Every year around this time the trees we commonly refer to as Cottonwoods (but are, in fact, their close cousin Balm of Gilead, according to my “Trees of Michigan” book) send warnings of a cotton storm a’brewing by wafting tiny cotton flakes into the air.
This year it started three days ago but then the rains came, stalling the cotton storm for at least a little while. I would say that’s a good thing, but it really just prolongs the inevitable. Those cotton bombs are growing bigger and bigger up there and either tomorrow or the next day our side yard is once again going to look like this:
This is a close-up of the cotton ball once it has “exploded”:
Early in the spring the “cotton” seeds form and start to fall. They’re covered with an incredibly sticky resin and manage to stick to everything, especially the bottoms of our shoes. They end up inside the house, where we have to literally scrape them up off the floor. What a nuisance!
But I’ve been doing a little research, and it turns out those sticky little buggers are good for something. They can be made into a salve. A balm. A Balm of Gilead. The people who are onto this balm claim it has magical, out-of-this-world qualities. It is a pain reliever, an antibiotic, an anti-itch, anti-inflammatory miracle worker, and, if some others are to be believed, a sure-fire cure for cancer called “black salve”.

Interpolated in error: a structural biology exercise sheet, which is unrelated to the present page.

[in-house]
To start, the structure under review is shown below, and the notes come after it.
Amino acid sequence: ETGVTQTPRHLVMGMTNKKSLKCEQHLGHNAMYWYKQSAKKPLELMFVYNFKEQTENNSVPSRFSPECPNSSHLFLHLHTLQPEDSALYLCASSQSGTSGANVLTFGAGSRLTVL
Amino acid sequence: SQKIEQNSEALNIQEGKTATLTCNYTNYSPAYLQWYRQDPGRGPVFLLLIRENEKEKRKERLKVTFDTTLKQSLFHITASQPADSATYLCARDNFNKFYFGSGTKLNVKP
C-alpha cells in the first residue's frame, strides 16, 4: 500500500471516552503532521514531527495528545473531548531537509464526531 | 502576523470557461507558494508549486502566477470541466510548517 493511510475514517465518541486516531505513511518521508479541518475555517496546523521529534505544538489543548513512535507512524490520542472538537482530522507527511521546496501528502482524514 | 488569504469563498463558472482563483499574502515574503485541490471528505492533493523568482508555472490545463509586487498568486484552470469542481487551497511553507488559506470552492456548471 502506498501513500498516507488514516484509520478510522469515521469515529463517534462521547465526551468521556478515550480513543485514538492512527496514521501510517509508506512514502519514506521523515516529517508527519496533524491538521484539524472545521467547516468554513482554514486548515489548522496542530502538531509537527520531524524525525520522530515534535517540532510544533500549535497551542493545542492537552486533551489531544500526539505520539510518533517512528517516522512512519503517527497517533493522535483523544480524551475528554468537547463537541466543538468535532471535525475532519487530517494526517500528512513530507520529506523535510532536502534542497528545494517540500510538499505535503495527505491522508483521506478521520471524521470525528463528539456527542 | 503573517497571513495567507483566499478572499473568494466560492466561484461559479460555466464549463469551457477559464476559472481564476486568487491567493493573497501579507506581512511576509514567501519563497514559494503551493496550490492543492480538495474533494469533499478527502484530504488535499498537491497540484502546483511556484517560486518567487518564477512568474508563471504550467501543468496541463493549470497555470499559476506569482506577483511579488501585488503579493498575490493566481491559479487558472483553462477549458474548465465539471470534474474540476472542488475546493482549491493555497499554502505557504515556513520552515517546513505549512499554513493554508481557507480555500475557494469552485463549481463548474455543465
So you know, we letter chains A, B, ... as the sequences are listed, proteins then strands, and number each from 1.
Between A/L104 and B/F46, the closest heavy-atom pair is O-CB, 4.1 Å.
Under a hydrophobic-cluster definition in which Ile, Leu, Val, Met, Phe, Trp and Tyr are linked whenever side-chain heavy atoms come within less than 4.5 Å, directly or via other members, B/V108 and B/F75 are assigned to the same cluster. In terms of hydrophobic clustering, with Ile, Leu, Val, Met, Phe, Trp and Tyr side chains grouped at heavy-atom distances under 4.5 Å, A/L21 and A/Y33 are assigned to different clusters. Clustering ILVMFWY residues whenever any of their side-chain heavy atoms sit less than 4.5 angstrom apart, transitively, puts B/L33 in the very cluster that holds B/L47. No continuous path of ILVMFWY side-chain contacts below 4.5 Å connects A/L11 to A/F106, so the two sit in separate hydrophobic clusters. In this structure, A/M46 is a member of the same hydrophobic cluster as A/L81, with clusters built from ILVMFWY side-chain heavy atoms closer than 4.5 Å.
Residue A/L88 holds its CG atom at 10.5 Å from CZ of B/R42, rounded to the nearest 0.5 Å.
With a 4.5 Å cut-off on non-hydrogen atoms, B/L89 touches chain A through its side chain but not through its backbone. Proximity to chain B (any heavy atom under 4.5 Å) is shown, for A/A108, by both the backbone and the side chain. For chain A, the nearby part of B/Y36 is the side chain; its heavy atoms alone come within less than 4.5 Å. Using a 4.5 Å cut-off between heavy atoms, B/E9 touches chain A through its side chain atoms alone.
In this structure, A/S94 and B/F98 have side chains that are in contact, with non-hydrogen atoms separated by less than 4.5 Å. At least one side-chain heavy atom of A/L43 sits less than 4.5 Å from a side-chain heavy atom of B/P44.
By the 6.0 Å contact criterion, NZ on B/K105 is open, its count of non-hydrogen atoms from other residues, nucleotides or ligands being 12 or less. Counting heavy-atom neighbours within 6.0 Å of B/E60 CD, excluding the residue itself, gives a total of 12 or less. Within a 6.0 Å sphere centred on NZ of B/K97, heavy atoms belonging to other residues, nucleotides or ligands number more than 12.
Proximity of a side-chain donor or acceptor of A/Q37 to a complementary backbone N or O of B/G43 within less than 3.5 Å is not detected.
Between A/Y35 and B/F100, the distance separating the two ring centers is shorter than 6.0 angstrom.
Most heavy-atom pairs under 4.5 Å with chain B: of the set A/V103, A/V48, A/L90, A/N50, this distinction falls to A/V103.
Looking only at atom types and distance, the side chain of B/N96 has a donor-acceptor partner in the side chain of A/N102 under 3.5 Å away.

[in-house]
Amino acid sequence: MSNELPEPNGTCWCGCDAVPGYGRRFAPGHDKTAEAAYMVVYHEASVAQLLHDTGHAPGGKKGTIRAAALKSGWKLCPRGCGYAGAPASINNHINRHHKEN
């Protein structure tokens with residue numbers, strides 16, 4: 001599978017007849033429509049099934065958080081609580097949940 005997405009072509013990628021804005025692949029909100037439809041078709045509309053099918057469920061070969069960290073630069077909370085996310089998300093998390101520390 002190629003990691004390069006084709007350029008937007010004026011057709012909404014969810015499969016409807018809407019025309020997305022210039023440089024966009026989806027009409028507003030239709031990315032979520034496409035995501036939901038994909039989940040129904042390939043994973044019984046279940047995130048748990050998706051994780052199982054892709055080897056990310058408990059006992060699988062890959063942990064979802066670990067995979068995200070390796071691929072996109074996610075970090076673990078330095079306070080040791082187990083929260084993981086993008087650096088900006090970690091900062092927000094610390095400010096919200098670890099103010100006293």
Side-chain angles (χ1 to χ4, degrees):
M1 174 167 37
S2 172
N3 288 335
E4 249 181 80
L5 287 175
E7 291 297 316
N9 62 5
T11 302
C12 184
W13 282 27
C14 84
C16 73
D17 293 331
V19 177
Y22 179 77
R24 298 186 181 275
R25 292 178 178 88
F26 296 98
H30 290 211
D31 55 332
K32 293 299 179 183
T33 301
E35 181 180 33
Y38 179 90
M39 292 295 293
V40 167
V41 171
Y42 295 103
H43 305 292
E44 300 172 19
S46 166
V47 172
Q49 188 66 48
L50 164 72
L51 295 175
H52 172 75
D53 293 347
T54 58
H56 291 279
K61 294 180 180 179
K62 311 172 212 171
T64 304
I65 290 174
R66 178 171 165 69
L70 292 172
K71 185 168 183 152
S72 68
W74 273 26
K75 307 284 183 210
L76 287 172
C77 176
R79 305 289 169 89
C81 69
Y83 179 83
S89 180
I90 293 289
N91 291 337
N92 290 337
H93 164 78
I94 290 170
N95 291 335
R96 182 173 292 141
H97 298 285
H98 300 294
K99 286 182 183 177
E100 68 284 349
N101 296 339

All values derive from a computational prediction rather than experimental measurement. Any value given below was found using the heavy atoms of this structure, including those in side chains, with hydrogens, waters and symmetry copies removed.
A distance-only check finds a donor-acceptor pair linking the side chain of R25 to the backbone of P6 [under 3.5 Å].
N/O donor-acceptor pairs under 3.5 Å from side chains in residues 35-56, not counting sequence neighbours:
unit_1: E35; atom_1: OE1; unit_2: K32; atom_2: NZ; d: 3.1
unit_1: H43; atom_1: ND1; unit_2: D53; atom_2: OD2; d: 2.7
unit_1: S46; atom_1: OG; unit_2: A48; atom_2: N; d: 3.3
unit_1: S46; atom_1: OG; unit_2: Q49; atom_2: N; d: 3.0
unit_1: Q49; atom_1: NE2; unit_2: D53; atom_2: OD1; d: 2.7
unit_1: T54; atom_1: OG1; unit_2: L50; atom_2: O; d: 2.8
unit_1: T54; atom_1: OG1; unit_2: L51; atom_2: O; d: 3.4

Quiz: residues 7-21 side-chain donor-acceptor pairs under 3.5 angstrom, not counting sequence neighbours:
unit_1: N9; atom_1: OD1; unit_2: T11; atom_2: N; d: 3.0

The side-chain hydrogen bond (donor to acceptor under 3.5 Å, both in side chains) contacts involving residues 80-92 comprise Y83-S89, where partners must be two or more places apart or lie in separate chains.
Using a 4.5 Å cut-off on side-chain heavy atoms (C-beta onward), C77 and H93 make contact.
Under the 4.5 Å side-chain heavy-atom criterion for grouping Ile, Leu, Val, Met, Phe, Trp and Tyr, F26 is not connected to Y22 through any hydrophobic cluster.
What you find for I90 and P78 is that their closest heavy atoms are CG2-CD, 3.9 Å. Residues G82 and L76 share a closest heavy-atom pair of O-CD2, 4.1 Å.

I found this recipe online, and I can’t wait to try making it when it gets cold again and I can gather up those little sticky slivers. Olive oil and beeswax are the main ingredients, and it looks simple enough for even me.
The tree is also called “balsam poplar”. They talk about the pleasant aroma, but I can’t say I’ve actually noticed. I’ll have to pay attention.
(Oh, by the way, I started this blog yesterday, and today was the day. Our yard looks just like the picture above. I almost took another picture, but you wouldn’t have been able to tell the difference. One snowy yard in June looks like any other.)